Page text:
For the CEO, the pandemic has adversely affected the beauty market due to the changing consumer behavior. People socialize less, go out less, and apply make-up less as they have to wear masks all the time in public places, which directly impacts the sales of cosmetics and beauty products.

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However, the beauty market finally is seeing light at the end of the tunnel, as more and more countries have exceeded the vaccination rate of 70%, including the United States, the United Kingdom, and Israel. The beauty market in many countries, mostly in Europe, are staging an extraordinary comeback. 

“The desire was always there. And as people feel more confident because they are protected, they tend to celebrate life and make up for the moments they missed,” the CEO said. 

“So I think next year will be the golden year of beauty in Thailand. So it’s going to be good. I hope the worst is behind us.”

During her past three years in Thailand, Ines has discovered what beauty means to Thai women and the fascinating world of beauty in Thailand. She said the country is a very innovative market where new brands are born every single day.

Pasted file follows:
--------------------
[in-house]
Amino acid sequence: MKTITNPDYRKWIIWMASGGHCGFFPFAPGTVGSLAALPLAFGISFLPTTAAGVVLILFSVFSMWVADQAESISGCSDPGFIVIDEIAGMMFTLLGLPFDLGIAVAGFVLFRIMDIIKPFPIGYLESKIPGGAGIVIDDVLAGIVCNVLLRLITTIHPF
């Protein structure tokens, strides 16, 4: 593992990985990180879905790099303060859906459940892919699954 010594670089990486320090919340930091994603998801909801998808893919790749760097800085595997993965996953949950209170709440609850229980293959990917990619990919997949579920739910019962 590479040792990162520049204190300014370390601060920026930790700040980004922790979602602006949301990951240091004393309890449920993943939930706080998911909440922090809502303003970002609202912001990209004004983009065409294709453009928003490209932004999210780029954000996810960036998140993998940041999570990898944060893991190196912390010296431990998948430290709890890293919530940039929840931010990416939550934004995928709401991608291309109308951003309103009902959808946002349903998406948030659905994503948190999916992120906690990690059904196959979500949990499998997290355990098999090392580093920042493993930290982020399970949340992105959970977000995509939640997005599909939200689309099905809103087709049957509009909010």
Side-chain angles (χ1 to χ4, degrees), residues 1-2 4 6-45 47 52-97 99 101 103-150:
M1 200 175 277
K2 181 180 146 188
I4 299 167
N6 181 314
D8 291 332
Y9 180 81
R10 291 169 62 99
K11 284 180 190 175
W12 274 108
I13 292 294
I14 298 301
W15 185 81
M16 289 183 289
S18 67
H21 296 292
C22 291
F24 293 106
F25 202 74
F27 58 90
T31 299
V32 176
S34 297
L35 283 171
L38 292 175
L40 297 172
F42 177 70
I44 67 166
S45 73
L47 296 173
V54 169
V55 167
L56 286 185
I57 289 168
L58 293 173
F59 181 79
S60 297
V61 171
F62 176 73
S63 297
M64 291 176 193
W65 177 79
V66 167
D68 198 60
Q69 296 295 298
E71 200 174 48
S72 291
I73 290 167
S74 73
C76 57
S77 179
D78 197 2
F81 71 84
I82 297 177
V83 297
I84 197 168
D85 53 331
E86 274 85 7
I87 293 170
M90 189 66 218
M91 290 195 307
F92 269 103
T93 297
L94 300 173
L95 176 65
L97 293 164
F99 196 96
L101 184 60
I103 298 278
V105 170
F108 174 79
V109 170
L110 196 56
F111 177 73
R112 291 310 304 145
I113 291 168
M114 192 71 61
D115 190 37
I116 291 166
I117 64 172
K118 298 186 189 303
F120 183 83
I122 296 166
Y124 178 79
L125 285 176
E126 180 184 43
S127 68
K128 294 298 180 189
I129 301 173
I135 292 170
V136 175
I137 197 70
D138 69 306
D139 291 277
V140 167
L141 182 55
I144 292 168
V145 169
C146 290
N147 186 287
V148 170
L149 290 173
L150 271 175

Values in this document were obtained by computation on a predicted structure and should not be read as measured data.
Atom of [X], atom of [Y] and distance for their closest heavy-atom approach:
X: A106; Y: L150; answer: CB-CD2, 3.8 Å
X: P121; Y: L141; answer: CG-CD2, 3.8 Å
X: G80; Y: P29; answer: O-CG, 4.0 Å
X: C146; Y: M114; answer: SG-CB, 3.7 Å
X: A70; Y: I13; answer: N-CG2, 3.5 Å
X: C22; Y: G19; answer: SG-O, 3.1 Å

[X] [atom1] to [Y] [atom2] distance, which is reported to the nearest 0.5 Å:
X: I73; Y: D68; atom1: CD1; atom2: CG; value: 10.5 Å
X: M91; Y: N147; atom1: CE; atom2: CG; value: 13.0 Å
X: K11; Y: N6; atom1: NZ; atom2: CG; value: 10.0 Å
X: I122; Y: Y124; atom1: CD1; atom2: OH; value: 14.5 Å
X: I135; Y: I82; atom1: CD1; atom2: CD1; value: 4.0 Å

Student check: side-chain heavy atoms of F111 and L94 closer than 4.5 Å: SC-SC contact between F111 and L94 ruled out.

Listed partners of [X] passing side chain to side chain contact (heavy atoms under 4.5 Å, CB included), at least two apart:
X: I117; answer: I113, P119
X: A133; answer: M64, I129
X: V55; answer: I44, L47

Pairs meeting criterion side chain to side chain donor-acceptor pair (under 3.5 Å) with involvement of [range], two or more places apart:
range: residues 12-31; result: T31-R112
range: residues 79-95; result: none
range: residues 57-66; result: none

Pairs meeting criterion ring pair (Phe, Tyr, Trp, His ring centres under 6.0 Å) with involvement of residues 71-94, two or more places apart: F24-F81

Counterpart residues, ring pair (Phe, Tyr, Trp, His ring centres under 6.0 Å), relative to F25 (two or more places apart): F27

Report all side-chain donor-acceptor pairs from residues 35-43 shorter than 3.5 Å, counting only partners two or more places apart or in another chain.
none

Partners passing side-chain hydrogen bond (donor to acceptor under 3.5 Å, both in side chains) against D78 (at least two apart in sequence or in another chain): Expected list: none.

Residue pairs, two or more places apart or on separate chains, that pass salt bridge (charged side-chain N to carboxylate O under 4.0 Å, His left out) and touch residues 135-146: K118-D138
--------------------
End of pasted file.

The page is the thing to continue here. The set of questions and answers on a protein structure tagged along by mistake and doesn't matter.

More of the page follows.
“It’s a very good mix between international brands and local brands — and fascinating consumers who are very sophisticated, especially when you compare with your neighboring countries in ASEAN.” 

Meanwhile, what Ines has learnt from the Thai market is that technology is equally important as the consumer’s experience. This means consumers turn to digital technology not just for answers to their beauty queries or out of curiosity. But it is also because through L’Oréal apps, they are able to have fun, enjoy themselves, and do virtual try-on, which was not possible before.

The digital revolution allows L’Oréal a more direct connection with the consumer as well as a different experience. 

“In the last three years, we were able to close the loop with a truly strong e-commerce strategy.”

What’s next?

Believing that the future tends to be about an acceleration of trends that existed before, Ines says digital technology and online platforms will involve and influence more in the beauty market, especially the way the brand relates to their consumers.

For instances, in the case of Thailand, social media addiction or connectivity was already there before, but the pandemic sent the trend to a higher level.